Things are about to get very, very nasty in Florida and the southeast, with Hurricane Matthew — one of the strongest seen in the U.S. in many years — bearing down rapidly on the coast. And that means if you’ve got travel plans in the coming days that are supposed to take you through or through many big, busy airports… think again.
Hurricane Matthew is forecast to make landfall in southeast Florida on Friday morning, but rain and strong winds come well ahead of a hurricane’s actuall formal landfall. To get prepared, Florida airports — and the airlines that fly to them — are winding down now.
Orlando International Airport (MCO) has announced that all commercial service is expected to end by 8:00 p.m. tonight and recommends passengers check with their airlines.
Fort Lauderdale-Hollywood International Airport (FLL) reports that staff have “already begun securing the airport,” and that today’s last commercial flight was Southwest flight 364 to Baltimore-Washington, which departed at 10:16.
Miami International Airport (MIA) says that flights in and out are expected to stop by noon today; technically speaking the airport remains “open and ready for when flights resume,” which is up to the airlines.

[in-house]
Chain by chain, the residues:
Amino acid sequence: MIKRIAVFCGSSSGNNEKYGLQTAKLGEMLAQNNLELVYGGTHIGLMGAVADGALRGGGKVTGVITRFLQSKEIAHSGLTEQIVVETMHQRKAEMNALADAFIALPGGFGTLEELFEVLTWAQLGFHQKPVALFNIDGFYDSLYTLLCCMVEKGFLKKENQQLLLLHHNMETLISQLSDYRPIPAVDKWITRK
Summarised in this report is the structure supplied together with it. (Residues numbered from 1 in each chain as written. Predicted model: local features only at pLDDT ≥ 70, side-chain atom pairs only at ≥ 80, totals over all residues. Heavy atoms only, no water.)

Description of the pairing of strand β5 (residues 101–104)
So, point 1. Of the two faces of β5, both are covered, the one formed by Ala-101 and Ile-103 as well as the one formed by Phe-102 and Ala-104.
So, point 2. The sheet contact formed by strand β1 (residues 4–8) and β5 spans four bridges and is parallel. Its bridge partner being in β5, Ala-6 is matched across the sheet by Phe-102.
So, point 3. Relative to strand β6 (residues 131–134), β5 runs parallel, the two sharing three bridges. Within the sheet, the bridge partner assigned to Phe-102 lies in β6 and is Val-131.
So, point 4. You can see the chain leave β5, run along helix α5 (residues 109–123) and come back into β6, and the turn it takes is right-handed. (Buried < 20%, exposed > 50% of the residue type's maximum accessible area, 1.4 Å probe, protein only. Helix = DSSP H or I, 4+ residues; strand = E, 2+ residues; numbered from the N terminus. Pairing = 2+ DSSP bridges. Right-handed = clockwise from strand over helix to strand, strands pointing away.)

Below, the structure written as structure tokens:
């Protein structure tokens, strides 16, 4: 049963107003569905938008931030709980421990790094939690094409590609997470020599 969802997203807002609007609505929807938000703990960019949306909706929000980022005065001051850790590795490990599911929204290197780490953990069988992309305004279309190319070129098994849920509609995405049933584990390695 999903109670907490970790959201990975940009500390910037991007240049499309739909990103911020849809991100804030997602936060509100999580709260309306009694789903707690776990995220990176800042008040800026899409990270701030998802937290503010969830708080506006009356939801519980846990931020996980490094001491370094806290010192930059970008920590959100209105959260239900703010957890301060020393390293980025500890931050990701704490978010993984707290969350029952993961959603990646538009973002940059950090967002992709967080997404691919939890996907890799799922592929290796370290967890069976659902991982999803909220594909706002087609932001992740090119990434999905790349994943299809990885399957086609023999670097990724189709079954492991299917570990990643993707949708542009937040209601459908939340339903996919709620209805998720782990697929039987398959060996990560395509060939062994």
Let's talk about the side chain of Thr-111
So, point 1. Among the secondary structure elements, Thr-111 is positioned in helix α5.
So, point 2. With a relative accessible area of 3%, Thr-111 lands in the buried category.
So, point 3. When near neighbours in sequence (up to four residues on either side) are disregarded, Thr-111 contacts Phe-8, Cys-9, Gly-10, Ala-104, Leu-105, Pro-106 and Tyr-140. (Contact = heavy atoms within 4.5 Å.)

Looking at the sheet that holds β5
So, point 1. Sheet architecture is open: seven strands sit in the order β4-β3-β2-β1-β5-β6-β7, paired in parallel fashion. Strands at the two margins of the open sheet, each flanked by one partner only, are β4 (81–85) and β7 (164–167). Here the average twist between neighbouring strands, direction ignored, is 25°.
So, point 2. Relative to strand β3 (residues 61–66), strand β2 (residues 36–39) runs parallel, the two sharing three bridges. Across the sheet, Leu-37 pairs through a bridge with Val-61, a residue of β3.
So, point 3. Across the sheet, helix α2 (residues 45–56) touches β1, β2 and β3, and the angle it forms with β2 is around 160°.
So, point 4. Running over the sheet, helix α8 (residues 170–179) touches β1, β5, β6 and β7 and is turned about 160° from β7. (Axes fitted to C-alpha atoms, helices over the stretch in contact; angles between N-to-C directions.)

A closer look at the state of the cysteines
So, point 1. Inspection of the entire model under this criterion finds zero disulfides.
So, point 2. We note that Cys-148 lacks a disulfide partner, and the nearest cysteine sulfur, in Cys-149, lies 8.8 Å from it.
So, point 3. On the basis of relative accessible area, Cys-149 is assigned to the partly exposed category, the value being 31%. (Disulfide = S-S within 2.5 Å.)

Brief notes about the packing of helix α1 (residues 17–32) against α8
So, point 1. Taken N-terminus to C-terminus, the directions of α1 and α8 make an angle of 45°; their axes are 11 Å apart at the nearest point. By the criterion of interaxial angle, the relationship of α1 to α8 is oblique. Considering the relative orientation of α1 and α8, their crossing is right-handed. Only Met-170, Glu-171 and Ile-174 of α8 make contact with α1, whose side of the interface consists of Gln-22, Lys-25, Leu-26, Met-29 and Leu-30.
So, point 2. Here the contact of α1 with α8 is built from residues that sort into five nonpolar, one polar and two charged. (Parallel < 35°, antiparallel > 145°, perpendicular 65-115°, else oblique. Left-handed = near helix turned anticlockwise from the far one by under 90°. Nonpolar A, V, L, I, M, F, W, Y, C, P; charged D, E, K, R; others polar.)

Tampa International Airport (TPA) is on Florida’s western, Gulf-facing coast and is not likely to face as significant an impact as the East coast will. However, TPA still reports that several flights have been delayed or cancelled, and that it will be continuing to update travelers as to its status through the day.
Hurricanes, unlike some other weather phenomena, are easy for meteorologists to spot and warn people about well in advance of their arrival. Airlines have been waiving rebooking and cancellation fees for folks scheduled to fly to or through Florida since Monday.
Hurricane Matthew is proving to be the most significant storm to approach the U.S. in many years. This morning it once again reached upward to category 4 status.
Florida Governor Rick Scott has flat-out told his state, “This is going to kill people,” and encouraged residents to prepare their food and water supplies and evacuate where possible.
Several areas have been subject to mandatory evacuation, and the National Weather Service says that severe damage to structures, trees, wires, power, communications, and roads will result.
Forecast models indicate it is also possible that the storm could do a full 360 degree loop and come back to Florida’s southeast coast after moving north, although it’s still too early to determine exactly what will happen so many days out.
by Kate Cox via Consumerist